Paula Allen in Conversation with Victor Perton on Optimism, Wellbeing and Innovation.

Paula Allen, Senior Vice President, Research, Analytics and Innovation at Morneau Shepell, joined Victor Perton in The Centre for Optimism’s Optimism Cafe shortly before Christmas 2020 to talk optimism and the new Mental Health Index. 

Victor Perton:  Paula Allen, what makes you optimistic?

Paula Allen:  “What makes me optimistic is I have an opportunity with what I do and what my life brings me to face a lot of challenges. So interestingly enough, the fact that I face challenges. I like to experiment. I like to push limits. And when you do that a lot, you get set back a lot and then you go forward again. So, any kind of a little setback in life I know is temporary. I know I can move forward. I know I can move sideways. I know that there’s opportunity, and that makes me optimistic.”

Victor Perton: I think you’ve summed up the wisdom of the world in a few sentences. Fantastic, Paula. You’re at Morneau Shepell, and you’ve got a relatively new very interesting Mental Health Index. Can you tell us about it and how it works and what it measures?

Paula Allen:  First of all, we came up with the idea that there needed to be a Mental Health Index about three years ago and started working on it at that time.

“And the reason is that we know that mental health is really the centre of pretty much everything. Your quality of life, your productivity at work, your participation in the economy, your physical health, all of those things. So we boiled down a number of different elements that are critical to mental health and benchmarked them, collected a lot of data, and then launched it in April of 2020, and moved forward from there.

And basically, what it does is it measures the mental health of the working population. And optimism is one of the sub-scales.  It’s absolutely a strong research based driver of people’s overall mental health, and we’ve been tracking that over the past several months.

Victor Perton:  Fascinating, because, of course, there’s research out of Harvard and the American military and Boston University that the trait most indicative of healthy longevity is optimism. And your report discloses declining optimism amongst Australians where I live, Canadians where you live. The evidence we’ve looked at says it’s actually been a long-term decline over 20 years. So what do you attribute this to? Is  it the pace of life, negative media, lack of purpose? What’s happening to the world, Paula?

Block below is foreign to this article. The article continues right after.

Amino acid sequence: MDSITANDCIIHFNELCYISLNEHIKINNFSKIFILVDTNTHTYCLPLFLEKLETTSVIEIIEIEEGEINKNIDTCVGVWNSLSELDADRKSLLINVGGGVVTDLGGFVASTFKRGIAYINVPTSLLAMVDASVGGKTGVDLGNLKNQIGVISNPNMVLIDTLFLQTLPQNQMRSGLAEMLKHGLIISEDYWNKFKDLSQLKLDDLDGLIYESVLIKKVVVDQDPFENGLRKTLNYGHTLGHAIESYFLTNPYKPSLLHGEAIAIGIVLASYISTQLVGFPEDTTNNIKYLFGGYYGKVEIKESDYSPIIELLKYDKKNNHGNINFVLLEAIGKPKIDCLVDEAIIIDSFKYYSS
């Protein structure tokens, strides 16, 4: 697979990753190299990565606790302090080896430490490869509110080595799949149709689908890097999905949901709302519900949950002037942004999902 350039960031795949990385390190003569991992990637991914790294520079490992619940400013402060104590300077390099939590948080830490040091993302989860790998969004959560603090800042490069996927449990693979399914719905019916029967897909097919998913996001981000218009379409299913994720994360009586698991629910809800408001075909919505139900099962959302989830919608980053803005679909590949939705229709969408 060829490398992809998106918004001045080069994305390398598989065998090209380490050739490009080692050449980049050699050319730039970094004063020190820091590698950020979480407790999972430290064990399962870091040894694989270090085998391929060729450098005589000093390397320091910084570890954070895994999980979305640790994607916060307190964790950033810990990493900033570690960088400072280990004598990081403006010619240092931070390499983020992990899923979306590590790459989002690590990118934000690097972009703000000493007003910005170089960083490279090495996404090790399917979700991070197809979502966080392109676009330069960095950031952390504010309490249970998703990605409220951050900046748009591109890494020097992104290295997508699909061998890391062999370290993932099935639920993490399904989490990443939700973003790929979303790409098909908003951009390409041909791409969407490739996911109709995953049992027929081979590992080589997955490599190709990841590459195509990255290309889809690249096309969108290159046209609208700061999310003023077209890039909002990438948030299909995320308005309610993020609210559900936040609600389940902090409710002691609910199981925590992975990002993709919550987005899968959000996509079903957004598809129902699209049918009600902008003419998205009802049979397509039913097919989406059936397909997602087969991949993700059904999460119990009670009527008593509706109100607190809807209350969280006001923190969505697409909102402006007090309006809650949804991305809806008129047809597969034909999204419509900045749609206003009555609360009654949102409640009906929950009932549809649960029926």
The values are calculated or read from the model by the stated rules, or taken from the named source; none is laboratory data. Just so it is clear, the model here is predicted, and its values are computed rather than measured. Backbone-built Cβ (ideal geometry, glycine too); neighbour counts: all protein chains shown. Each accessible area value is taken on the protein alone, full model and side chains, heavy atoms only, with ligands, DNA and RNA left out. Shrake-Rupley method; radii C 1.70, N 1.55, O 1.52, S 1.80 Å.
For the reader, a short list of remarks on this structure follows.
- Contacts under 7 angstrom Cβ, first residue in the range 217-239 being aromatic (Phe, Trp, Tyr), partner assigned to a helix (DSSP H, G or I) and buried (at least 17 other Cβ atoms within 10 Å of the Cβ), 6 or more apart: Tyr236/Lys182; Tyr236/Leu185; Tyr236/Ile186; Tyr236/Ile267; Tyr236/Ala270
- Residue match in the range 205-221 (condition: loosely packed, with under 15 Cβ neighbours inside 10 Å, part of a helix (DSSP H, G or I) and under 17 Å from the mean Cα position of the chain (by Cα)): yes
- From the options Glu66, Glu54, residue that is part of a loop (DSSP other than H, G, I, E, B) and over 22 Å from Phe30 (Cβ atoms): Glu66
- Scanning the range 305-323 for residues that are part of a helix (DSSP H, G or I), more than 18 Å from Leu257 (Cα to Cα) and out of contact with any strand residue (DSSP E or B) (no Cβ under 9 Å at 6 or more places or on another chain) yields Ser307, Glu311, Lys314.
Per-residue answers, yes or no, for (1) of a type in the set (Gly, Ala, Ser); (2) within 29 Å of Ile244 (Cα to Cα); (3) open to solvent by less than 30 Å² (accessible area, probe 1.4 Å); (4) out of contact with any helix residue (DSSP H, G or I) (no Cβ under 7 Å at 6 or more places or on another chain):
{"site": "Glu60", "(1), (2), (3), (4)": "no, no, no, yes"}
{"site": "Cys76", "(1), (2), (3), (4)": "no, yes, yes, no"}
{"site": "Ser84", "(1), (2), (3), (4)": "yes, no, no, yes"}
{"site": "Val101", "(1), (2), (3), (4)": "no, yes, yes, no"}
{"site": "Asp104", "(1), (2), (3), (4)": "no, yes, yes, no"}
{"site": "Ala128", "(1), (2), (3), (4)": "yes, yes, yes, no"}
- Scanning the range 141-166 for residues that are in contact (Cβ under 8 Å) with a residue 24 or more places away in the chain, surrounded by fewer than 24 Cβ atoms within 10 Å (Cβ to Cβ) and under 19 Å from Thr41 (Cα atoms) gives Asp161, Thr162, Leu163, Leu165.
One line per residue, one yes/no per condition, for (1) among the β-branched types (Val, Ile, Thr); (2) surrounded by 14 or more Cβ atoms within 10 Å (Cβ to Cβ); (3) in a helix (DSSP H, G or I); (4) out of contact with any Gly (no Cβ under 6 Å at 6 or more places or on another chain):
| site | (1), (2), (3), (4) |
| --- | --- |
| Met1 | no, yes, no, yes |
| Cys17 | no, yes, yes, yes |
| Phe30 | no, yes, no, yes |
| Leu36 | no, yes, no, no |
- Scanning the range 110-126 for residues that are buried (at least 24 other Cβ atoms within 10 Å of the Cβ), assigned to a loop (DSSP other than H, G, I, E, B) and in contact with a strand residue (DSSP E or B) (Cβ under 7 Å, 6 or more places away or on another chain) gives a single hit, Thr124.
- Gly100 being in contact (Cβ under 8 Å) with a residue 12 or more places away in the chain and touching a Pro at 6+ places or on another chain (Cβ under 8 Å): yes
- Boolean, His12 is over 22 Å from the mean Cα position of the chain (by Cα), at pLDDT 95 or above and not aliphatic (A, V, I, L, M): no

Paula Allen: Well, I’ll pick on one thing that you said, and then go a little bit broader. One of the factors that we found is that people’s optimism and their anxiety and a number of things that are connected to optimism are impacted by how much media you consume, because a lot of that media is negative. If you’re watching news, it’s almost all negative. There’s barely any good news. So consuming all of that day after day after day puts your mind in a particular place. You start to view the world in a particular way, which is not always the healthiest nor the most accurate way.

“The other thing that’s been happening over the past little while is that optimism isn’t the only thing that has been changing.

“We’ve been seeing an increasing sense of isolation, not having that social support, that human contact, that feeling of belonging has been unfortunately waning. And that makes it quite difficult, because a lot of our recovery resources when things go not so well are through just interacting with other people and being connected with other people. And coincident with both of those things is that we have been seeing anxiety go up a bit as well. So as we’re seeing optimism go down, we tend to see anxiety go up, and they are strongly correlated.

Victor Perton:  I think you’re spot on. Steven Pinker in his book, The Enlightenment, talks about this changing media. So I’m over 60 now, and when I was young, it was roughly 50/50 good/bad. The local television channel had two crews. They used tape. But now they buy almost for free the worst news from around the world and run it 24 by 7. So it’s no wonder people think the world’s in decline.

Paula Allen:  “I think we’ve hit on something interesting. The reason why they do it is because it’s marketable. People see bad news and they get drawn in. They want to understand it more, they watch it more. They see good news, and then they just take it and move on to the next stage. So that’s a vulnerability that we have as human beings that we tend to, if you want to put it, we’re tending to watch the accident as we’re going by. We’re watching the good things that happen. But a lot of that we could actually counter with choice as well. What do you choose to focus on? Do you choose to have a balanced perspective or do you choose to consume everything that’s negative?